An administrative judge for the Equal Employment Opportunity Commission (“EEOC”) awarded $231,425 to a former civilian technician for the District of Columbia Air National Guard. The EEOC found that she had endured months of sexual harassment from a senior coworker while serving at Andrews Air Force Base. According to reports, Vikki Rouleau complained to supervisors in May 2010 about unwanted sexual advances from a senior coworker at the base. Ms. Rouleau had alleged that the National Guard took no corrective action, and that after she was forced to continue to work in frequent contact with the harassing coworker for several more months. She resigned in November of the same year.
The EEOC entered a default judgment against the agency in September 2012, based on the D.C. National Guard’s failure to put into place any cognizable EEO program for its civilian employees. This had resulted in almost 17 months passing between Ms. Rouleau’s notification to the agency’s EEO director of the harassment and the agency finally giving her written notice of her Title VII rights, much less conducting any investigation of her claims. The EEOC found that this “had the effect of denying her Title VII rights under circumstances where she obtained no relief, no investigation occurred, memories faded and relevant documents may have been lost or destroyed.”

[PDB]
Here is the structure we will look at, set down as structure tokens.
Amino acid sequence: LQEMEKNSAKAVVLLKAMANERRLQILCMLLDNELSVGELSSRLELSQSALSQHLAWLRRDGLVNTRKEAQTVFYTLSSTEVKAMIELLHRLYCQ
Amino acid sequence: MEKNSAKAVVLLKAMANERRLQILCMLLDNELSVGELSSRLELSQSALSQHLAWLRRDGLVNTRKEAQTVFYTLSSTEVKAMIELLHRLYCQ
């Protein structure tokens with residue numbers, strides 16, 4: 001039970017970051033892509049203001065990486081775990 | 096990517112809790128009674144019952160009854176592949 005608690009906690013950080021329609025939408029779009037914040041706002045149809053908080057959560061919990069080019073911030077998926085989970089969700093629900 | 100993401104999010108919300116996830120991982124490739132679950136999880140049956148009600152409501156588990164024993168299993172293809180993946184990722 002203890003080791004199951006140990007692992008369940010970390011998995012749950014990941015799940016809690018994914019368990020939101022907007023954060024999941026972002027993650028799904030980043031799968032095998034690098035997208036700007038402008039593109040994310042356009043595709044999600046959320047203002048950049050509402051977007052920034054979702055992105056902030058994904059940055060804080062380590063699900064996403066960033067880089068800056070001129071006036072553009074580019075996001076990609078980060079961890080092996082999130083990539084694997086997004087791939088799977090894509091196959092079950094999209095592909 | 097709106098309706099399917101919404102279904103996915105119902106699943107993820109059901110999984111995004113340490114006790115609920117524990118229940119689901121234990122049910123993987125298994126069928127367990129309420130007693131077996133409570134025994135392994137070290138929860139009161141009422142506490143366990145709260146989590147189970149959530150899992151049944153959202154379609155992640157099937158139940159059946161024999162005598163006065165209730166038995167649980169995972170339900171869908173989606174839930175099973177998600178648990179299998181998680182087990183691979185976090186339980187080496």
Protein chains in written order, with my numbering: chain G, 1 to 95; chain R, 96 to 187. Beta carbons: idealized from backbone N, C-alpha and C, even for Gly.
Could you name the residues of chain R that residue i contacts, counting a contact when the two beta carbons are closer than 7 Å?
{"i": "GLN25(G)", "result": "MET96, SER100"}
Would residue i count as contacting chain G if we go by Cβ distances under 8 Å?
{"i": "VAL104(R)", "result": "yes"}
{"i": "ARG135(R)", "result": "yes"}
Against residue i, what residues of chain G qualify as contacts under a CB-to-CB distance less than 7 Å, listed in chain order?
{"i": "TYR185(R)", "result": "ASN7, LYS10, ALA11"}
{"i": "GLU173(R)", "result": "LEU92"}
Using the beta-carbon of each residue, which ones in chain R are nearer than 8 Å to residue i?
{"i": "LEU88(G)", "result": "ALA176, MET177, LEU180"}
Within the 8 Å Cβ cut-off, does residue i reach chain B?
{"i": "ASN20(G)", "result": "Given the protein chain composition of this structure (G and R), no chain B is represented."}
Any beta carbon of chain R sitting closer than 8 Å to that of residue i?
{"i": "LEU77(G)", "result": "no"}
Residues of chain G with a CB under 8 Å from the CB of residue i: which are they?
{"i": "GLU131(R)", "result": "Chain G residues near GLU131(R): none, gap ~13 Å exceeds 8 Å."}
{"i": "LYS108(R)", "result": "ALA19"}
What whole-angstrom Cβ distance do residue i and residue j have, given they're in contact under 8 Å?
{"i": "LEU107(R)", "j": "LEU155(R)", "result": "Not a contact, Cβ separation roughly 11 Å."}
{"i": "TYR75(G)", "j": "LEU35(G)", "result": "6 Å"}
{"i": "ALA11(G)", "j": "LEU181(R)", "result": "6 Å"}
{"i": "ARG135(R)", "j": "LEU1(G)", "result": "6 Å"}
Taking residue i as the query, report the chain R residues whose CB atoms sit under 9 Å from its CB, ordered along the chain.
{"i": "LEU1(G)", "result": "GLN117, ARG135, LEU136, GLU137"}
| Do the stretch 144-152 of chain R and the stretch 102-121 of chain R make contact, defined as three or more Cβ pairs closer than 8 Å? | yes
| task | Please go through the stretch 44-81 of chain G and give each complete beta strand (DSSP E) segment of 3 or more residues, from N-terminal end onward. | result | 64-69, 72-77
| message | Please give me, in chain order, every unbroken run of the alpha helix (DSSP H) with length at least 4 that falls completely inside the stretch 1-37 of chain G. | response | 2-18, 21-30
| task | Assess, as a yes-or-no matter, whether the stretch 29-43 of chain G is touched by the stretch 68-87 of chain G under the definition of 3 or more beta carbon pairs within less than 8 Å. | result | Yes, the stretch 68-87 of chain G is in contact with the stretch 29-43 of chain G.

In its order, the EEOC found the agency liable for (a) taking an unreasonable amount of time to investigate the sexual harassment and discipline the senior coworker; (b) failing to completely separate Ms. Rouleau and her harasser; and (c) retaliating against Ms. Rouleau by taking away her normal production control and quality assurance duties and reassigning her to clerical duty. According to Federal Daily News, most of the amount awarded in the case, $185,000, was for stress-related damages.